Augsburg’s practices of tolerance were driven, in part, by shrewd pragmatism and a keen awareness of the importance of the city’s financial relationship with the ruling House of Habsburg, which was Catholic, and other provinces and cities. .

Like everyone else, the citizens of Augsburg had different personal identities: as citizens, artisans, family members, and followers of a particular religion. The emotions people felt depended, to some extent, on what part of their identity they were engaging at any time, what “emotional community” they felt they were part of at any time.

“On the one hand, you were very attached to who you were as a citizen of this free imperial city, with its proud traditions of self-government. You could also feel very deeply your identity as a craftsman and as a member of a guild, which had its own centuries-old social and political traditions. And, of course, people were Christians,” Dunwoody said.

How did the Augsburgs prevent these identities from colliding, as they did in so many other communities at the time? Dunwoody points to the political community’s emphasis on modesty as opposed to zeal, the latter a kind of emotionally fueled religious enthusiasm. People were expected to show deference and restraint not only in their dealings with each other, but also in the way they held their bodies in physical space.

“You, as a citizen, were expected to maintain that modesty, a kind of poise and, most importantly, physical control over your own body and its emotional expressions,” he said. “It is inscribed in the language of the legislation and even in the iconography of the town hall.”

This was not always the case; Catholics had been exiled from Augsburg after the Reformation. After their return in the late 1540s, the way Protestant clergy spoke of firmly held faith commitments changed; calls for enthusiastic and moving demonstrations of faith disappeared from sermons, catechisms and popular tracts sold in the market.

Instead, preachers and authors emphasized deference and trust. The same phenomenon occurred among Catholics.

“They moved away from antagonistic language and instead emphasized a sort of deferential expression of one’s faith, so there was a harmony between the feelings of the believer and the feelings of the citizen,” Dunwoody said.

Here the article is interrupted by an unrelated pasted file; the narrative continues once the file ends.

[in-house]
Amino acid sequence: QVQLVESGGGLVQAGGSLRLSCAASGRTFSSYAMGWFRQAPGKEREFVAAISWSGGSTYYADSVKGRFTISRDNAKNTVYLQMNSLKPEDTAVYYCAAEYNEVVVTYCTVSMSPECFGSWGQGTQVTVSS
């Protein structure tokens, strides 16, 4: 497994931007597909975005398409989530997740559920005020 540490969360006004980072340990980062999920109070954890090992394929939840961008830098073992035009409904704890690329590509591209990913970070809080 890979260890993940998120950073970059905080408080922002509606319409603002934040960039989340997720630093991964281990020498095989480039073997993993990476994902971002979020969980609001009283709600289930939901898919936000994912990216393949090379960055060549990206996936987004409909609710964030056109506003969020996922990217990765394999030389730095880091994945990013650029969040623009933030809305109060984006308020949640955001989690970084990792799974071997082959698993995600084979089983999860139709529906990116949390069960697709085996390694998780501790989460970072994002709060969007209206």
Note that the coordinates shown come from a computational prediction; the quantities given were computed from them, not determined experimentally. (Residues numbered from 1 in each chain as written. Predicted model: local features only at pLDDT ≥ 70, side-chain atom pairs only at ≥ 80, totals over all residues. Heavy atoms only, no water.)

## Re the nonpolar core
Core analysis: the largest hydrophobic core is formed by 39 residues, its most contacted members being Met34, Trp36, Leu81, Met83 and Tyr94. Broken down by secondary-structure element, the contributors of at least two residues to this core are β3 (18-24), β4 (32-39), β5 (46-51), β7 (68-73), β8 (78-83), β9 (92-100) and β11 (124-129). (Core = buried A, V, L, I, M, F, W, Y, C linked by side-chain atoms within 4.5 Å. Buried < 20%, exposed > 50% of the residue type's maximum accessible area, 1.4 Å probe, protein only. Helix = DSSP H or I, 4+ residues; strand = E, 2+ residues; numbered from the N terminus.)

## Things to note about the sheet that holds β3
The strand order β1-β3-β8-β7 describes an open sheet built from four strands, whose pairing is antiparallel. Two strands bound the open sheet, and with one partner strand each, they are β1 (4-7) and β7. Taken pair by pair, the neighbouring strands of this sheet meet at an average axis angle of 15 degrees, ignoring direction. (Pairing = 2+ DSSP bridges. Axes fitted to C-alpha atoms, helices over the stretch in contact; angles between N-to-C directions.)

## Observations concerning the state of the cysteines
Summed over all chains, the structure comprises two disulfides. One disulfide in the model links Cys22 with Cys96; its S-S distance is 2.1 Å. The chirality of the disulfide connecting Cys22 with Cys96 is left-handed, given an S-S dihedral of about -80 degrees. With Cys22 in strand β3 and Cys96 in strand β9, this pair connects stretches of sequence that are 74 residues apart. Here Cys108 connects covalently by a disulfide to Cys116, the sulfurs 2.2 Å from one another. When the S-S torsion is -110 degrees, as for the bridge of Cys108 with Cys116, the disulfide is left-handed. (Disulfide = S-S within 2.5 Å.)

Recidivism and consequences

The Peace of Augsburg lasted more than a generation. Then, in the 1570s, new Jesuit pastors and priests came to town and renewed the emphasis on confrontational zeal and open displays of religious reverence, such as processions. In the early 1580s, a riot ravaged the city.

Determined to return to peaceful coexistence, city leaders imposed strict political consequences on ringleaders and oversaw the installation of new Protestant ministers, ensuring that these new preachers would maintain the city’s commitment to modest behavior.

“People hired to serve in churches in Augsburg had to sign a contract in which they said, ‘I know this is a place where Protestants and Catholics live together, and I promise I will do nothing to excite the folks,” Dunwoody recounted.

Augsburg continued to enforce these practices of tolerance, even as most of the German-speaking lands descended into the Thirty Years’ War, the last of the early modern religious wars, beginning in 1618. As such, the city demonstrates how a strong commitment to a political system enabled the population to overcome a pervasive atmosphere of religious tension and conflict – something we could perhaps learn from today.

“Even in the 1620s, in the midst of this religious war raging all around them, people of Catholic and Protestant background could marry, share a table together, appear as witnesses in court,” said said Dunwoody.